Wendy’S Owner Wins Over Staff’S Tax ‘Miss’


Tribune Business Editor


Wendy’s owner has overturned a $27,000 wrongful dismissal verdict in favour of two ex-staff who allegedly failed to pay due taxes on personal goods imported via the company’s containers.

Sir Michael Barnett, acting Court of Appeal justice, in an April 17 ruling said the Industrial Tribunal had committed “a fundamental error of law” by not considering the import duties non-payment when finding in favour of Juliette Joseph-Josey and Stacy Johnson.

The Tribunal had originally found that the duo did have permission to import personal items in the trailers/containers of Aetos Holdings, the parent group for the Wendy’s, Marco’s Pizza and Popeyes Chicken fast food franchises.

As a result, it ruled that Joseph-Josey and Johnson were wrongfully dismissed, awarding the former $12,584 and the latter some $14,638. However, Sir Michael and the Court of Appeal overruled the Tribunal on the basis that it had failed to consider the tax non-payment that was only discovered two years’ after-the-fact when Aetos Holdings conducted an audit.

“The respondents were employees of the appellant company, who used the company’s container to transport personal items from the United States to The Bahamas,” Sir Michael said of Joseph-Josey and Johnson.

“The issue before the Tribunal was whether or not they had the permission of the company to use the company’s containers to transport the items and, secondly, whether or not they were 1 dishonest in failing to pay the Customs duties payable on those personal items which were transported in the company’s container.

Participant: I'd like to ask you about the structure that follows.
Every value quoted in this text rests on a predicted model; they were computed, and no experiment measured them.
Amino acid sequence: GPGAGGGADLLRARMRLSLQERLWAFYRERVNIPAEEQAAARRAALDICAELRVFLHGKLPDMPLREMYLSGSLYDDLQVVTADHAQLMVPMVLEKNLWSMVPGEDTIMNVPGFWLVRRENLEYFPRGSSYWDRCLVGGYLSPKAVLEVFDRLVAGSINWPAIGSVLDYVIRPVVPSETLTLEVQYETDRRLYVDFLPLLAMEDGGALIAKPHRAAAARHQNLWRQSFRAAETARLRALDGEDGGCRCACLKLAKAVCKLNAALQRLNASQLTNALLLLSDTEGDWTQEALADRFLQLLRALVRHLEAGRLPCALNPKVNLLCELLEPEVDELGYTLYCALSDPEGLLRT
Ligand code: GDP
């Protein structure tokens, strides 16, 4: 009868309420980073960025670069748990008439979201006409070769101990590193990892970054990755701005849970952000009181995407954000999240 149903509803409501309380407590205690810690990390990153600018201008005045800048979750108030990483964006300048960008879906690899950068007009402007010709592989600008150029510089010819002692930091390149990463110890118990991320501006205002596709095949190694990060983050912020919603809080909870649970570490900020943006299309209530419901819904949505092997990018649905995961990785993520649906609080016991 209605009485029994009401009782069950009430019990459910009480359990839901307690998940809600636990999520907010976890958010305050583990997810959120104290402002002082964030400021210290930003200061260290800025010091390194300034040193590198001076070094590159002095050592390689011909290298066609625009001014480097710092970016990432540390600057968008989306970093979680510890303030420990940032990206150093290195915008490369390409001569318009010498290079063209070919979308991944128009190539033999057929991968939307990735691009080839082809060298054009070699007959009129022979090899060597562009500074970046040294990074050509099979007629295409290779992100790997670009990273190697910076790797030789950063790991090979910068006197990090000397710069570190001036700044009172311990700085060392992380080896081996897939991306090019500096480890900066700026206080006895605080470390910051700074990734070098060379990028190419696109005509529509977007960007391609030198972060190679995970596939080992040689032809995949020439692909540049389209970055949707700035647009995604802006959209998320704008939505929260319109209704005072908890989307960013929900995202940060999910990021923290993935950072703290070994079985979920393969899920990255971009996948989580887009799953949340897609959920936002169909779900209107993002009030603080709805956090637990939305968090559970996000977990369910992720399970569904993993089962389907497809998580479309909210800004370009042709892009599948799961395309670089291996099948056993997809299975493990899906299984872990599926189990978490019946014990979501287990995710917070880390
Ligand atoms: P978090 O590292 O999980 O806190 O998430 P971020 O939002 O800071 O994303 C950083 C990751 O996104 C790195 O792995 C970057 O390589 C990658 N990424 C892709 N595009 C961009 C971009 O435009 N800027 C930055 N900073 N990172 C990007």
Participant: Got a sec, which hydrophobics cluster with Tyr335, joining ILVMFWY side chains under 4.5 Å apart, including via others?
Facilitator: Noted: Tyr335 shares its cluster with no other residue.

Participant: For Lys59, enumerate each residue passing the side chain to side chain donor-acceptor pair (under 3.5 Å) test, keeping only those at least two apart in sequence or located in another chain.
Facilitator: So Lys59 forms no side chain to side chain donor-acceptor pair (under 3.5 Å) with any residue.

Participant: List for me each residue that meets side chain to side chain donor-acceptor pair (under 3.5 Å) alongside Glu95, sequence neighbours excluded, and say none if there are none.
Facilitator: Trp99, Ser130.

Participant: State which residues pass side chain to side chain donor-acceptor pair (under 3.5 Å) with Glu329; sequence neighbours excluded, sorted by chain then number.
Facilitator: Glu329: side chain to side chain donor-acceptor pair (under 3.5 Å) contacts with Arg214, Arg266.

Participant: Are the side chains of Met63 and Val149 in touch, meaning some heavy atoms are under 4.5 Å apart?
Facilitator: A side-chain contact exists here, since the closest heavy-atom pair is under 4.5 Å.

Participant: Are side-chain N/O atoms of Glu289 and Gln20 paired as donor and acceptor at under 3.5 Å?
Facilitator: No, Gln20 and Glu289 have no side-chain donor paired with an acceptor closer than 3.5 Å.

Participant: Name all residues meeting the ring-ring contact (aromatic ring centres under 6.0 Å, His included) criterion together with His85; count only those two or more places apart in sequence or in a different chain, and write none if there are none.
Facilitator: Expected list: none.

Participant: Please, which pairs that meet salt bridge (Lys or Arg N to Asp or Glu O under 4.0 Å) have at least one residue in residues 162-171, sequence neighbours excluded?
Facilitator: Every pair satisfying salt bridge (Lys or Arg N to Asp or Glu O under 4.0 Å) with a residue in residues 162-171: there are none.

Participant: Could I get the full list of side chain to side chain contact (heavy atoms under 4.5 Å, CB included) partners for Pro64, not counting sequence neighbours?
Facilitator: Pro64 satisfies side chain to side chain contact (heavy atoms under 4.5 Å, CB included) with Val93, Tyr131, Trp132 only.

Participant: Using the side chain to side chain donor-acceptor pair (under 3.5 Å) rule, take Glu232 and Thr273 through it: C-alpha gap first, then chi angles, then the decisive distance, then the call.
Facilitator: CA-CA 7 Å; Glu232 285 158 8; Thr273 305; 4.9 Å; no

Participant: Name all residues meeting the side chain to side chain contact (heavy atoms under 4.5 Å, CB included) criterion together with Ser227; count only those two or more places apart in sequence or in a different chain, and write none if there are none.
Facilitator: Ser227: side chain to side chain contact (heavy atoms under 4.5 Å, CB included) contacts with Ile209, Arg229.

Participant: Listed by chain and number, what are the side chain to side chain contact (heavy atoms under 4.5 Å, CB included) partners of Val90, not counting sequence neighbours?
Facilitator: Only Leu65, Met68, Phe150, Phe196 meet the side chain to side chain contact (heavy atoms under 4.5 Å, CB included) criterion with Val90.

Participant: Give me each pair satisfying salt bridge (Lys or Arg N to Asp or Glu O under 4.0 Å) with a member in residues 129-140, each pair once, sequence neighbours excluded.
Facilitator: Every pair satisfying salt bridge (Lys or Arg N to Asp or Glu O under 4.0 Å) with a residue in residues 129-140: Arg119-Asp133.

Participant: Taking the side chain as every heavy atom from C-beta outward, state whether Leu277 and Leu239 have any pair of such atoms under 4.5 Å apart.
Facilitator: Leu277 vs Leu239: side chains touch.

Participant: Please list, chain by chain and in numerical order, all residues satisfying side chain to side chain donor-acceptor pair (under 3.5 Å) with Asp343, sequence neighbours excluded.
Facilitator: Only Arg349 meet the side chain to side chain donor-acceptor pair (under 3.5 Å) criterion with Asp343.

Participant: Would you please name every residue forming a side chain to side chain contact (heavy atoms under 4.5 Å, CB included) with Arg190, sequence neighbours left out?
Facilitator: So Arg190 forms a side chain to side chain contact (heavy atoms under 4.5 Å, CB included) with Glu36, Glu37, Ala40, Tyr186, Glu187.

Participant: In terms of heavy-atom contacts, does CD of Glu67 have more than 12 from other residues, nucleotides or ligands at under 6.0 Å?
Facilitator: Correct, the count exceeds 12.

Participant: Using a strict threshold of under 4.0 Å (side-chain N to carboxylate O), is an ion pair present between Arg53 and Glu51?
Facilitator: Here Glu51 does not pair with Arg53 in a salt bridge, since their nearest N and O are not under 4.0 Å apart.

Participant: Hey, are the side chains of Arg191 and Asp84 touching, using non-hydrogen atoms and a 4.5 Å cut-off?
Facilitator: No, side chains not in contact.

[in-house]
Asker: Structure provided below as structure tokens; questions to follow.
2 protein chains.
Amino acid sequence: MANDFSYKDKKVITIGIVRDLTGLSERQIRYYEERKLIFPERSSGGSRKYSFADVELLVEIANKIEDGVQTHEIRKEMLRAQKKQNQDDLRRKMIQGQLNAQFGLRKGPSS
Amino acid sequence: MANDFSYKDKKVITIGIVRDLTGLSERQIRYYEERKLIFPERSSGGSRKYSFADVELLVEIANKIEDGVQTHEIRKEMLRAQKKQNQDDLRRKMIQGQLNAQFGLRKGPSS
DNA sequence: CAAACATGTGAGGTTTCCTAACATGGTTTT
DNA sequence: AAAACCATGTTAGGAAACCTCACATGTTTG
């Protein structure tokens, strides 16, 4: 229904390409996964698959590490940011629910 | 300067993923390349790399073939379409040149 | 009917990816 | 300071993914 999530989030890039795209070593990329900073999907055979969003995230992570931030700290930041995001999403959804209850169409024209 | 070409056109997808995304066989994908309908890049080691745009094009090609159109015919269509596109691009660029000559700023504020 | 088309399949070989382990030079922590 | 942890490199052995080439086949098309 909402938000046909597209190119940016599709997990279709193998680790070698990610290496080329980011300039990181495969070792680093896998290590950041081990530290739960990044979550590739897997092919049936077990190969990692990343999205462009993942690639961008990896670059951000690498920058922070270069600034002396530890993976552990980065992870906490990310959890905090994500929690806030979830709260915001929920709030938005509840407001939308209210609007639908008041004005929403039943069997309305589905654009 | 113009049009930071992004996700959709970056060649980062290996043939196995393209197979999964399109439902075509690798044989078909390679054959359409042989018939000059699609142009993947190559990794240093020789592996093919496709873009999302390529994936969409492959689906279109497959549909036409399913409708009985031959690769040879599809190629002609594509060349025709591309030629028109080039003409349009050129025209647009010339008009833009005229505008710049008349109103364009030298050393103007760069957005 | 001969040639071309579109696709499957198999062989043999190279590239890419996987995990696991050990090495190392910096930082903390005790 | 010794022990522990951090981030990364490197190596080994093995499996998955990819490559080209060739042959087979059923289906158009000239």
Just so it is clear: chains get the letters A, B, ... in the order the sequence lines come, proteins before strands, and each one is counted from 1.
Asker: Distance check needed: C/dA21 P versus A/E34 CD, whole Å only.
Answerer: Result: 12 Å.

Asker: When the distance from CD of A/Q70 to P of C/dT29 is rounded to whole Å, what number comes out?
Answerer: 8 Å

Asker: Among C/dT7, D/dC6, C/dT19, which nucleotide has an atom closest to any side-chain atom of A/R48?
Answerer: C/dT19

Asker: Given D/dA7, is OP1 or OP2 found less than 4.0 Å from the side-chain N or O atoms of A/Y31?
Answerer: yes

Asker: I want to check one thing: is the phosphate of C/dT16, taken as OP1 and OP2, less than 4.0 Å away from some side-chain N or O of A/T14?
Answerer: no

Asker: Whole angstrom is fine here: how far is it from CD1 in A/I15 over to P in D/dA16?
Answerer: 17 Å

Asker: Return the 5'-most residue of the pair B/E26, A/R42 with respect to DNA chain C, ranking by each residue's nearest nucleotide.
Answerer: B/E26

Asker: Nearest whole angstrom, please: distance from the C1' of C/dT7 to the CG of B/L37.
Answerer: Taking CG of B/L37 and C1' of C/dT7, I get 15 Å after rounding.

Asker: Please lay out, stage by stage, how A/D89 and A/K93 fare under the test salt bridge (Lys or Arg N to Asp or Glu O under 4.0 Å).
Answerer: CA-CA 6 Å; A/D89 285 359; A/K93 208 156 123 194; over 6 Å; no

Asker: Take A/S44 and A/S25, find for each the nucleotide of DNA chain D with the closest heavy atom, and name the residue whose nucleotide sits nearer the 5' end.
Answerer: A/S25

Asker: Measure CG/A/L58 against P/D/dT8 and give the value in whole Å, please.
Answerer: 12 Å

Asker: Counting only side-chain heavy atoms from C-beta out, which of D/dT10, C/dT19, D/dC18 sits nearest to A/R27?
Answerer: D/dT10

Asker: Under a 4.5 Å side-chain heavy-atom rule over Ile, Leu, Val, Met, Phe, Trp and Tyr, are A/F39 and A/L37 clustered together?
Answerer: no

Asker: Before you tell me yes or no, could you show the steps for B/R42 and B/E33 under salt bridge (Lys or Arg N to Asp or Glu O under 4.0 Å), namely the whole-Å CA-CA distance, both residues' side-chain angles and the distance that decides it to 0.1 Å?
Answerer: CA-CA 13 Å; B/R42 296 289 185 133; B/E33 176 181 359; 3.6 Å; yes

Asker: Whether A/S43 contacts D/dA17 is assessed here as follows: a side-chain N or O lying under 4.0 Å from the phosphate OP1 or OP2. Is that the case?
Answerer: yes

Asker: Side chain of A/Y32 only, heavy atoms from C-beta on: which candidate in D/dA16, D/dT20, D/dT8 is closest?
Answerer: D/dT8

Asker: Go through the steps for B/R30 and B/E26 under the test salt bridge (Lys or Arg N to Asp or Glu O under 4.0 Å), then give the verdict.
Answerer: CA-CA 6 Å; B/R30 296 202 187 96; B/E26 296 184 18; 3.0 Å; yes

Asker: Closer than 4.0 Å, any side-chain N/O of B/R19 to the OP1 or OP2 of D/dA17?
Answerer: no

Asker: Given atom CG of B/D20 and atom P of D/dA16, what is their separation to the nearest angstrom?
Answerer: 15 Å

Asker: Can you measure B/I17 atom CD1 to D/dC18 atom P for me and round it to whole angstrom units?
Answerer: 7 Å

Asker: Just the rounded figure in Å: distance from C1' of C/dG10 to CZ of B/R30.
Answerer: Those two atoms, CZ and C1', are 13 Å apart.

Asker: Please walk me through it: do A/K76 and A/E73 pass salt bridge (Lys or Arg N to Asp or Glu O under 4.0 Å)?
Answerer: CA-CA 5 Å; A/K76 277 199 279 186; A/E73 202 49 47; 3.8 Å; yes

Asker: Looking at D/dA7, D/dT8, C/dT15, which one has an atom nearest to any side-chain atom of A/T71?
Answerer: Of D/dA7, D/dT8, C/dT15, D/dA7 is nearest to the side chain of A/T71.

“The matter came before the Tribunal, and the Tribunal found that the employees did in fact have the permission of the company to use the company’s trailers or containers for the purposes of transporting their personal items. On that basis the Tribunal determined that the employees were wrongfully dismissed.”

But Sir Michael then added: “Unfortunately, the vice-president did not go on to consider the second aspect of the pleaded defence of the employer; that the employees failed to pay the customs duties payable on those personal items when they were obliged to do so, and that this failure to pay the customs duties was not discovered until two years later when it appears that the company conducted some form of an audit.

“The appellant is entitled to have that part of their defence considered by the Tribunal in determining whether or not they were entitled to terminate the employees. The Tribunal did not consider that part of the appellant’s defence and, in our view, that is a fundamental error of law.

“Parties are entitled to have their defences considered in its entirety, and a Tribunal is not entitled to ignore any part of a party’s defence to proceedings before it.”

Sir Michael and the Court of Appeal thus quashed the Industrial Tribunal’s verdict and sent the case back to it for a new hearing, “in particular, to consider the aspect of [Aetos Holdings] defence that the employees were dishonest in failing to pay the Customs duties on a timely basis when the items were delivered to them in Nassau”.

Obie Ferguson, the Trades Union Congress (TUC) president, represented Aetos Holdings, while Rawson McDonald acted for the former employees.

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